Security matters more and more these days now that Edward Snowden has revealed just how deeply the National Security Agency has penetrated the world’s communications. It can read everything. What’s a security-minded user to do? How do you communicate when your texts are scooped up by a government agency? Ideally you’d get rid of your smartphone. However, if you want something secure without giving up that handy pocket computer, check out TextSecure. It offers more security than the average texting app through a couple excellent features.
Dropbox was one of the very first companies that got the concept of file synchronization right and popularized the concept with the regular internet user. Their success over the last few years can be attributed to a consistent and quality service, with a constant addition of new and improved features. I've used Dropbox for more than 3 years now and it has almost never let me down. But over the years they have faced some issues. Last year they were hit by outage for more than 48 hours and although they claimed it was an internal maintenance issue, many believe the website was hacked. The other issue, which some users might find troubling, is that Dropbox servers are based in the US, which make them vulnerable to spying by intelligence agencies like the NSA. Their pricing is also fairly competitive but the users would not mind getting more storage for similar or less price. This is where hubiC comes in.
Windows has always been known as the most vulnerable and least protected OS on the market. Microsoft itself does very little to protect your PC, even with the inclusion of the Microsoft Security Essentials (MSE) bundle that comes with Windows 8. Everything from Windows Defender to Windows Firewall to everything in between don't really measure up to the challenge. Even Microsoft has admitted that the MSE bundle is meant to be basic and isn't good enough. Here's how to protect your PC when Microsoft won't.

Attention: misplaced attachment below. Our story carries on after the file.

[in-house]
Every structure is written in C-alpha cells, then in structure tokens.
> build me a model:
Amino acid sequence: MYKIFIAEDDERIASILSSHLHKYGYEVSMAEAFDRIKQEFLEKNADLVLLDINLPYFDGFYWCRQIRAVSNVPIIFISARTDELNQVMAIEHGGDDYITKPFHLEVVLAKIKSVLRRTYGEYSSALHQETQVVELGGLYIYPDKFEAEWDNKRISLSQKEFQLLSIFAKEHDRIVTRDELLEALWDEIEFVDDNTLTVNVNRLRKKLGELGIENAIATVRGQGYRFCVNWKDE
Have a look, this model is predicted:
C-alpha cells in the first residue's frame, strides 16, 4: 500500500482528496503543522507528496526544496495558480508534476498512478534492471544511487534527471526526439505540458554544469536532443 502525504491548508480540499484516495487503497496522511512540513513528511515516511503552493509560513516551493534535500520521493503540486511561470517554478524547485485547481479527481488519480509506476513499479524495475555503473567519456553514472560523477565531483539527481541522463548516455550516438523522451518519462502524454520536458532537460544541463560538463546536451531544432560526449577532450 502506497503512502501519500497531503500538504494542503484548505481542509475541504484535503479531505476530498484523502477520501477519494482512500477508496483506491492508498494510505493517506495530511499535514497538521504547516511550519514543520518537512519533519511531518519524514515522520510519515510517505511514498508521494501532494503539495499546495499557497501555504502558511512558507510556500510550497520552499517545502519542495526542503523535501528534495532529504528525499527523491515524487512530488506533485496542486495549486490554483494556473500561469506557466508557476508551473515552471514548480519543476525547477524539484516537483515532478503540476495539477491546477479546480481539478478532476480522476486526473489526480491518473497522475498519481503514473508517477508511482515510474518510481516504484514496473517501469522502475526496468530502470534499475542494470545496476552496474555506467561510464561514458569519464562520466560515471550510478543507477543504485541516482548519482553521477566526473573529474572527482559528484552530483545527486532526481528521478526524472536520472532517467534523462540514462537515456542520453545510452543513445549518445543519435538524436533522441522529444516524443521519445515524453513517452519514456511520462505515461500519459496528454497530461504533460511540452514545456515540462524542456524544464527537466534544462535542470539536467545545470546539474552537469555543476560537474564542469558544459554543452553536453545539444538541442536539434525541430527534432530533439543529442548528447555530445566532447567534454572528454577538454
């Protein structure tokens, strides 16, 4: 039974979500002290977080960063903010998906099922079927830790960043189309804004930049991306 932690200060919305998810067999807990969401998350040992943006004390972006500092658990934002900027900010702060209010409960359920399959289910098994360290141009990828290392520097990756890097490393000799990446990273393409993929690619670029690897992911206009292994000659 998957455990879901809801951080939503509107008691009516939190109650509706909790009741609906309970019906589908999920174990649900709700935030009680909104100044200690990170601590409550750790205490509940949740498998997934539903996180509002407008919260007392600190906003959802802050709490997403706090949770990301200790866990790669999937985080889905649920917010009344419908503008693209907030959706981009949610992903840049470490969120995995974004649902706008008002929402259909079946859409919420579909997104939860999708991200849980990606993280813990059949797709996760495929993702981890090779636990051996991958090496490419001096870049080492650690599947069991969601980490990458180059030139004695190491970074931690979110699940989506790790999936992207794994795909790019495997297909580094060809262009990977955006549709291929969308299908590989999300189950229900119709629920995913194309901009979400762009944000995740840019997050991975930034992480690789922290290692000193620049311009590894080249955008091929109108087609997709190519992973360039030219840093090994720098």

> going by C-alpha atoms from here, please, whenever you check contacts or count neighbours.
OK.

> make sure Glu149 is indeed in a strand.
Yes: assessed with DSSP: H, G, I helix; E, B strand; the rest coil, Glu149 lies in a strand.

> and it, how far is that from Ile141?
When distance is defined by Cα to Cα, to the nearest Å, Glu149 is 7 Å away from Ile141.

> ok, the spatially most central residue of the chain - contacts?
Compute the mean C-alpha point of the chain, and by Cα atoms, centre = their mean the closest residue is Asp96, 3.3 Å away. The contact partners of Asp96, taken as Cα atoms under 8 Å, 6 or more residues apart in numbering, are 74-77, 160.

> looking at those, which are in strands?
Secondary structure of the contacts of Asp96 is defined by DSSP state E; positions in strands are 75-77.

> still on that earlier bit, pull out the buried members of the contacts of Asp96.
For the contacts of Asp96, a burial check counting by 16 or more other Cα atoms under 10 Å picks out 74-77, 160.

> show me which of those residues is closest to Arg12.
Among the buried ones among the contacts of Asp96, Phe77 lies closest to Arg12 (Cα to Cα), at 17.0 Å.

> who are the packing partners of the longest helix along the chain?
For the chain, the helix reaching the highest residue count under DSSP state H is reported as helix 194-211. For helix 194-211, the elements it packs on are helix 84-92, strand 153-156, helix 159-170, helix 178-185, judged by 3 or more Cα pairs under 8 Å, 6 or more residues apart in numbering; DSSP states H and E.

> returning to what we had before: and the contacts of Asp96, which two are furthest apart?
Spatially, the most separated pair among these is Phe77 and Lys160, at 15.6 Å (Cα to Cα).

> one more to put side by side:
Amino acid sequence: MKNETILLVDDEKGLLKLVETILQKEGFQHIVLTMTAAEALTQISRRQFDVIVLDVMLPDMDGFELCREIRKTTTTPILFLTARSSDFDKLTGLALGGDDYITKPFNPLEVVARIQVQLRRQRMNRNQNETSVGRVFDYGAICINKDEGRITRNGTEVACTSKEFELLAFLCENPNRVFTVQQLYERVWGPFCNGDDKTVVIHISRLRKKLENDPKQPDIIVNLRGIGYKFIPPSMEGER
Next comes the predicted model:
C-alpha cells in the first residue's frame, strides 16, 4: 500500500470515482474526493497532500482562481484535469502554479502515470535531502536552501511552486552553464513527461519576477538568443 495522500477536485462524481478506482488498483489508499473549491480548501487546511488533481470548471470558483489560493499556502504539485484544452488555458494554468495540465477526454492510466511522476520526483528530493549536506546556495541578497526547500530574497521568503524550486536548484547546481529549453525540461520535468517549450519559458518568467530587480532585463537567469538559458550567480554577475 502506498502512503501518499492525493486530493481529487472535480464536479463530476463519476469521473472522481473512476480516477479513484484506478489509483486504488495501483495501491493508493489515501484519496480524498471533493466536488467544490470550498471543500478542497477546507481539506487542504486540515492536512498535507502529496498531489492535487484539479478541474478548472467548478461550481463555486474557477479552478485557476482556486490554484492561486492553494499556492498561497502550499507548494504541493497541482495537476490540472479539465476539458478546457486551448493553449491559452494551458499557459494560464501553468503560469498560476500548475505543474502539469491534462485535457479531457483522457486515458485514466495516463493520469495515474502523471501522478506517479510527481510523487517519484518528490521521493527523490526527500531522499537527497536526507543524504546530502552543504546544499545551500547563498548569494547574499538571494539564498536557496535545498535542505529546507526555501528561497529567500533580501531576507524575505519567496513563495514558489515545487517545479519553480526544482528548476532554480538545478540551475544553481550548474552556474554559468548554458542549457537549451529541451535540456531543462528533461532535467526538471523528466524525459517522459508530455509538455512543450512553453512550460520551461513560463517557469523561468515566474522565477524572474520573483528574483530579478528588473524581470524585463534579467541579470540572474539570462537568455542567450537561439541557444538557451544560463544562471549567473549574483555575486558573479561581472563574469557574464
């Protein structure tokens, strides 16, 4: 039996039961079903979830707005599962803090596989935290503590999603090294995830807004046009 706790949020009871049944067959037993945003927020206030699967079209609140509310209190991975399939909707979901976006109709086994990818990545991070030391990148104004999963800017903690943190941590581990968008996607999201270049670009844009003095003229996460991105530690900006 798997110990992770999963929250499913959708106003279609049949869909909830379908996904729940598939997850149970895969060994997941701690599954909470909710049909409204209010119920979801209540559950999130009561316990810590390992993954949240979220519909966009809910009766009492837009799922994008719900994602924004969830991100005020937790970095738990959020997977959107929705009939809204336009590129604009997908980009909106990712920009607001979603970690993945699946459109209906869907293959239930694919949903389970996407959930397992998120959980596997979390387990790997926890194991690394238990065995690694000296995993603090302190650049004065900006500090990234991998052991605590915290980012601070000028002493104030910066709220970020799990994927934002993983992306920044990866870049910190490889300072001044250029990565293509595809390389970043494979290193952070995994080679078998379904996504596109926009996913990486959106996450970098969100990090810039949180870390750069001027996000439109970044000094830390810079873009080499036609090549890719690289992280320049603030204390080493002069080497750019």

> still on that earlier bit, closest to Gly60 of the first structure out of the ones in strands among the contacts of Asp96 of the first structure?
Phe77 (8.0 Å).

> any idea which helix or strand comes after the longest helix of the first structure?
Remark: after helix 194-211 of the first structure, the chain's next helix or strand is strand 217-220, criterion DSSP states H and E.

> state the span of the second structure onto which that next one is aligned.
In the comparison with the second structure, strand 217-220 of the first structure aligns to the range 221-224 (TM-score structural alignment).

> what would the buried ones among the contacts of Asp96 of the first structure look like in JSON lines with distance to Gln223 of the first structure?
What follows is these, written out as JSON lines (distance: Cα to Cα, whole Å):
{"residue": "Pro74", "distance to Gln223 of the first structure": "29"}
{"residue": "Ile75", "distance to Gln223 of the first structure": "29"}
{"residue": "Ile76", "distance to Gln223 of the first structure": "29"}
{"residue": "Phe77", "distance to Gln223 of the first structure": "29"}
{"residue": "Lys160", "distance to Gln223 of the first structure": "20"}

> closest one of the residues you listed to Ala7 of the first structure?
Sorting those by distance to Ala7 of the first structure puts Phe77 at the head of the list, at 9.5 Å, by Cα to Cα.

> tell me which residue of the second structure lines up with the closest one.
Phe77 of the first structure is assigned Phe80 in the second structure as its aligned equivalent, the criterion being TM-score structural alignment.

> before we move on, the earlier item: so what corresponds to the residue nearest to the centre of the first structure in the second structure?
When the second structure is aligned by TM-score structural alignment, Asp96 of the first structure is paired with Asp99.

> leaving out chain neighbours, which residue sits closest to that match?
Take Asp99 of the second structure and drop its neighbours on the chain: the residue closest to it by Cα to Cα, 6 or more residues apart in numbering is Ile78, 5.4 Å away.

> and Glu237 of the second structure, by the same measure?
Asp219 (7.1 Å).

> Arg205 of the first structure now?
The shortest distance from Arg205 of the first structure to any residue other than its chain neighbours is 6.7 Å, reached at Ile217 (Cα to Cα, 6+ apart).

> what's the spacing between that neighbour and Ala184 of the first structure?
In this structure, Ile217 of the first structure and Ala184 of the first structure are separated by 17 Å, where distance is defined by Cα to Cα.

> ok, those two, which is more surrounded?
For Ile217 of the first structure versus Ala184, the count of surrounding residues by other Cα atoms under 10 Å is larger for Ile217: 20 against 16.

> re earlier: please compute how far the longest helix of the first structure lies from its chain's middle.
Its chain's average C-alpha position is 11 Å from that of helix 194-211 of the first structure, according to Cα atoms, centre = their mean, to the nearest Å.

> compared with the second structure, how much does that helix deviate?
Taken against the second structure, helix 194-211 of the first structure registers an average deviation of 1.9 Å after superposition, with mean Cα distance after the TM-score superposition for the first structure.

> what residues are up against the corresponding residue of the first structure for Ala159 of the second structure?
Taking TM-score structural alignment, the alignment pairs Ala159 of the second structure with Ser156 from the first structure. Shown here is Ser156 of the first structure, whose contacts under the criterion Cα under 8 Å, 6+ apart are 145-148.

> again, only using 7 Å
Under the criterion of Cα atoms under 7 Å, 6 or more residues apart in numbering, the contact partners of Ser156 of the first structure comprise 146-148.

It comes as no surprise to many people when they find out they're being spied on while browsing online. We live in a day of age where it's too easy for developers and companies to hide spying elements in their software, and this is especially the case with Google Chrome and it's extensions. We are finding out Google tracks users' browsing activity, and the extensions are even worse. Many will send back your personal information to the developer and others will leak your passwords. There is one fix however - and that's creating a dummy Google Account, which stealthily protects your identity at all times. Our guide will outline how to setup a dummy Google account for better privacy.
We all know surfing the internet can be a dangerous place for the unwary, and it unfortunately isn't getting any safer, especially when it comes to personal information security and malware infections. New malicious programs are created every day making it nearly impossible to protect your PC 100%, and many malware programs simply do not add entries to the "Add/Remove Programs" area. But when the inevitable happens, and you do get snagged up by malware, whether it's on your system or just a browser, it's a lot easier now days to remove it. Whether you manually remove the malware or use a software uninstaller, anyone can figure it out, as long as you take the time to do it right that is. Our guide will outline how to remove malicious software that doesn't show up in the in Windows.